When achievement and awards are brought up, the misconception can be that the award is the achievement. On the contrary—awards recognize achievement. We should strive for the achievement, not the awards.

So, what has the industry achieved in the last year?
•    Advances in additive manufacturing and rapid manufacturing.
•    Significant plant safety milestones.
•    Advocacy to the next generation of metalcasters and customers.
•    Advocacy to our city, state and national leaders.
•    Alloy developments in magnesium, copper, aluminum, iron and steel.
•    Molding process developments, from wax and lost foam patterns to sand mold filling.
•    Improved simulation and prediction tools.
•    New tools for employee training and education.

This list doesn’t even start to touch everything. What the individuals of the industry accomplish together when they are working toward the same goals is something to be proud of, and these achievements should be recognized. They elevate the entire industry. Congratulations not just to this year’s winners, but also to all the other members of this industry who have collaborated toward a goal and met it this year.

Click here to see this story as it appears in the May/June 2017 issue of MCDP


Made in the USA

A new presidential administration has taken office, and it has made some appealing promises to bring manufacturing back to the U.S. Whether the new administration can deliver on these promises remains to be seen, but it may be a good time to review government standards for the phrases “Made in the USA” and “Made in America.” Often, these promotional claims are made to imply quality and/or inspire purchases based on patriotism or a desire to help American-owned businesses. As these factors can be quite persuasive, and the U.S. government has an interest in prohibiting false advertising, the qualifications for a promotional phrase such as Made in the USA is regulated under the auspices of the Federal Trade Commission (FTC). You might be curious as to how the FTC defines Made in the USA and how that affects metalcasters and their suppliers.

The FTC’s Made in the USA policy applies to all products advertised or sold in the U.S., except for products specifically subject to country of origin labeling by other laws. Two examples of these other laws include the American Automobile Labeling Act and the Buy American Act.  The American Automobile Labeling Act requires each automobile manufactured on or after October 1, 1994, for sale in the U.S. bear a label disclosing where the car was assembled, the percentage of equipment that originated in the U.S. and Canada, and the country of origin of the engine and transmission. The Buy American Act requires that a product be manufactured in the U.S. of more than 50% U.S. parts to be considered Made in the USA for government procurement purposes. There is no other law that requires most other product sold in the U.S. to be marked or labeled Made in the USA or have any other disclosure about their amount of U.S. content.  However, manufacturers and marketers who choose to make claims about the amount of American content in their products must comply with the FTC’s Made in the USA policy.

The enforcement policy of the FTC applies to U.S. origin claims appearing on products and labeling, advertising and other promotional materials. It also applies to all other forms of marketing, including marketing through digital or electronic means, such as the internet or e-mail. The Made in the USA claim can be express or implied. For example, express claims can include “Made in USA,” “Our products are American-made,” and “USA.”  Examples of implied claims can include indications such as “True American quality.”  In cases of implied claims, the FTC will focus on the overall impression of the advertising, label, or promotional material. American symbols or geographic references may convey a claim of U.S. origin either by themselves or in conjunction with other phrases or images. An American brand name or trademark by itself is not likely to be considered a U.S. origin claim.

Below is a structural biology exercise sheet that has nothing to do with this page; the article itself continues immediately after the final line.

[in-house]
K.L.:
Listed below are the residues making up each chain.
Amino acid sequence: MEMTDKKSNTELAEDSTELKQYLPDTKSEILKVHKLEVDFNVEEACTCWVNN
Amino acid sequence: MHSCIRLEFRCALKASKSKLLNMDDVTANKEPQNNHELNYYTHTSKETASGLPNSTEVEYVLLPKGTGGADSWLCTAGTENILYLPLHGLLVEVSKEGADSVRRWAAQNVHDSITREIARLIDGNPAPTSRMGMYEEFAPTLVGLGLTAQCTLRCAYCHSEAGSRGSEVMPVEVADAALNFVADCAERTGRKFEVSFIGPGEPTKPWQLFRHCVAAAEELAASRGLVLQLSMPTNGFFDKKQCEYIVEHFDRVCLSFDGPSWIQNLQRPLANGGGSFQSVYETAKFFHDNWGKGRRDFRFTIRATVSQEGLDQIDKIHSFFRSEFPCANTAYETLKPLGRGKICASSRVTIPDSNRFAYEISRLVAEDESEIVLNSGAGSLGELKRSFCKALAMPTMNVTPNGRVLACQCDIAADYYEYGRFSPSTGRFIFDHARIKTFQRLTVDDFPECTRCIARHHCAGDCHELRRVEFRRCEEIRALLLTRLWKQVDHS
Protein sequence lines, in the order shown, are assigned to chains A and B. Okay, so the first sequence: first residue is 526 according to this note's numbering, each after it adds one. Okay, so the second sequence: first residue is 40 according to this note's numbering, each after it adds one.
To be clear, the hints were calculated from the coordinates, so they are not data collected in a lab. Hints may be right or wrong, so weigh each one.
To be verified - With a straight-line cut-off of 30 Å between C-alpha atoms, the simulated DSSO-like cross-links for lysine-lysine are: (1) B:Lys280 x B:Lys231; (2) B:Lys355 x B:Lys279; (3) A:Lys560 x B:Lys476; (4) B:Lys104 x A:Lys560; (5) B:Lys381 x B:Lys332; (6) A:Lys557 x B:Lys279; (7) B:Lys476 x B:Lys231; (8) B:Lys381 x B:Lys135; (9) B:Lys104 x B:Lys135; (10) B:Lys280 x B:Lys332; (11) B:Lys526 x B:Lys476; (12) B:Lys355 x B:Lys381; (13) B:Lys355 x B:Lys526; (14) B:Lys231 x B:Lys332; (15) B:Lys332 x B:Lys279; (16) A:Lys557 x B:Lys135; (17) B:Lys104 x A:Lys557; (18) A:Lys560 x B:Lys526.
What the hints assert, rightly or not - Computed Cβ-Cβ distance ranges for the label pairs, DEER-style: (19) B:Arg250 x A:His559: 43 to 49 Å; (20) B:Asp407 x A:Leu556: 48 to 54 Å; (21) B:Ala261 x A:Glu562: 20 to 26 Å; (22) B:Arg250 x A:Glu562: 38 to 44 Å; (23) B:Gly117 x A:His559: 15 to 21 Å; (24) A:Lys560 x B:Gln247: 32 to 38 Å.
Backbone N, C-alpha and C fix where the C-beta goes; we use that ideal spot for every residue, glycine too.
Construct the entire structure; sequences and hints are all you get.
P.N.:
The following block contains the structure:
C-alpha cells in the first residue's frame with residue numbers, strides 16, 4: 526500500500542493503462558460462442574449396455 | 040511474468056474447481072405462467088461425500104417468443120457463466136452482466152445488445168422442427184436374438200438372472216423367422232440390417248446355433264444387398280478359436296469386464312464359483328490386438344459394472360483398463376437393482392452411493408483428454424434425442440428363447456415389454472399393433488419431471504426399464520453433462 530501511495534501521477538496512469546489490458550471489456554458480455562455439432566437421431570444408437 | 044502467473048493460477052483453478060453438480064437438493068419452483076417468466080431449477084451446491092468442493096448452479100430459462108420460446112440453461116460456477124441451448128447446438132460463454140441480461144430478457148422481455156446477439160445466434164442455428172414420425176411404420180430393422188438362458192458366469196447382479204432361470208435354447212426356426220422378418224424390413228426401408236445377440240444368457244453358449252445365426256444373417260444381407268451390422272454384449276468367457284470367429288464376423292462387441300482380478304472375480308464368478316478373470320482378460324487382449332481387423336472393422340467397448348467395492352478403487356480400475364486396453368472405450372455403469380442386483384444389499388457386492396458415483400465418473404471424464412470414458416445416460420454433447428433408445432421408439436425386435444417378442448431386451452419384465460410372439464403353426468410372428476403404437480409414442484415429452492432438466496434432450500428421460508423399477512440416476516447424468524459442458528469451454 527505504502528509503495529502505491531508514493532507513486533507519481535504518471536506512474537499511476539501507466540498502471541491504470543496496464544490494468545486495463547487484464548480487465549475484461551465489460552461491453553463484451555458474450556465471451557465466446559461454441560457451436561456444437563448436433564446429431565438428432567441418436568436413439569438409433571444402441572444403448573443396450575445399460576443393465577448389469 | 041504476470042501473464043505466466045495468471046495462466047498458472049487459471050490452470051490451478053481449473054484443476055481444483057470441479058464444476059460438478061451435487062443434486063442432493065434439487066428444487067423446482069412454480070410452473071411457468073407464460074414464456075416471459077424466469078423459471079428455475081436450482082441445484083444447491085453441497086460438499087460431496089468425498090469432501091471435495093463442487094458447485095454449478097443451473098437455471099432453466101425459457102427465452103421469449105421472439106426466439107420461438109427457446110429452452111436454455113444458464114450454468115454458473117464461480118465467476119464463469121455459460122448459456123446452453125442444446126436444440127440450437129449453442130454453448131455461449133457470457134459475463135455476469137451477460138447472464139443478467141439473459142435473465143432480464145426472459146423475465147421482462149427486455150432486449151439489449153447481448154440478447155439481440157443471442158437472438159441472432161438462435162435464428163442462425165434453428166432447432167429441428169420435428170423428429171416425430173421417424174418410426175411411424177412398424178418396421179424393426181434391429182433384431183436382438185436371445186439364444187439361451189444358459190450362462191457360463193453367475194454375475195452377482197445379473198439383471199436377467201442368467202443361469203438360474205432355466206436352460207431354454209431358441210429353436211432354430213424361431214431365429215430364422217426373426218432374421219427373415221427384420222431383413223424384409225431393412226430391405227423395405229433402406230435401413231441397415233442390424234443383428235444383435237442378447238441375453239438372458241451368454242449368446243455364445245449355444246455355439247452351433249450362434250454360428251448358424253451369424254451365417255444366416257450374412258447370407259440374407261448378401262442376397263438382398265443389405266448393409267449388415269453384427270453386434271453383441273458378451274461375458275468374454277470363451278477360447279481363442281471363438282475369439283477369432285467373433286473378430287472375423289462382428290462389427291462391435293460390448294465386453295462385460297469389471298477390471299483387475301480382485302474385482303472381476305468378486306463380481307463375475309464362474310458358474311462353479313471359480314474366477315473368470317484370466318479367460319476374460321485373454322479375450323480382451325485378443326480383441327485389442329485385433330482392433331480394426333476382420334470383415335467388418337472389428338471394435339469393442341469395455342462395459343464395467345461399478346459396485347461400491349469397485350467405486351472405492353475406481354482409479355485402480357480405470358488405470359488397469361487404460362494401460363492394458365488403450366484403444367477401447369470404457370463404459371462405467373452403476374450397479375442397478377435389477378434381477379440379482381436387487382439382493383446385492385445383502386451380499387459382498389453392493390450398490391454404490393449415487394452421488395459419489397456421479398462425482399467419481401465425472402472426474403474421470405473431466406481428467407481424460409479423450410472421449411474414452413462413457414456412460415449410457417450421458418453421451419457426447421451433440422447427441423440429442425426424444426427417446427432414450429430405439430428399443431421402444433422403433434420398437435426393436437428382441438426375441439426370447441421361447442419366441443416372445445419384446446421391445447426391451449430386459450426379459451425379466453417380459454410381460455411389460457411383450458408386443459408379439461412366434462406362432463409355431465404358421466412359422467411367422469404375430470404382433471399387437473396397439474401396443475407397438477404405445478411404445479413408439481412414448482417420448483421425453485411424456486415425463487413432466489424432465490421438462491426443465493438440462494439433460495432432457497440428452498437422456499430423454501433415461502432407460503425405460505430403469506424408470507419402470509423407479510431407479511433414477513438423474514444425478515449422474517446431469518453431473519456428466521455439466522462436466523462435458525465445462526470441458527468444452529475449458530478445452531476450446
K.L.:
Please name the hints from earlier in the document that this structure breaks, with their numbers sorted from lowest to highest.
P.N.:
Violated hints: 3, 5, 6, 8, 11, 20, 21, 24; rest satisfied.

American origin claims can be unqualified or qualified. Claims of American origin made without any qualification must be “all or virtually all” made in the U.S., which includes all 50 states, the District of Columbia, and the U.S. territories and possessions. This leads to the obvious question, “How is ‘all or virtually all’ actually interpreted by the FTC?” This phrase has been interpreted to mean that all significant parts and processing that go into the product must be of U.S. origin. That is, the product should contain no—or negligible—foreign content. This may seem to be open to interpretation, but the FTC has been rather reasonable in its explanations regarding “negligible foreign content” and several factors are used in assessing the product’s manufacturing process. Primarily, the product’s final assembly or processing must occur in the U.S. Other factors include:  how much of the product’s total manufacturing costs can be assigned to U.S. parts and processing and how far removed any foreign content is from the finished product. For example, if a foundry supplier produces a core machine in Oklahoma and uses blow tubes from a foreign manufacturer, then an unqualified Made in the USA claim is not likely found to be deceptive because the blow tubes make up a negligible portion of the product’s total manufacturing costs and are less than significant parts of the final product.

If you feel your castings or casting supplies do not meet the standard for an unqualified claim such as Made in the USA, qualified claims are also accepted by the FTC. Qualified Made in the USA claims describe the extent, amount or type of a product’s domestic content or processing. In essence, they indicate the product is mostly American, but isn’t entirely of domestic origin. Some examples may include: “60% U.S. content,” “Made in USA of U.S. and imported parts,” or “Molding machine assembled in USA from Chinese frame and other foreign parts.”

The FTC is charged with preventing deception and unfairness in the marketplace. The FTC has the power to bring law enforcement actions against false or misleading claims that a product is of U.S. origin.  Should you have further questions regarding the use of Made in the USA claims, please consult your business attorney.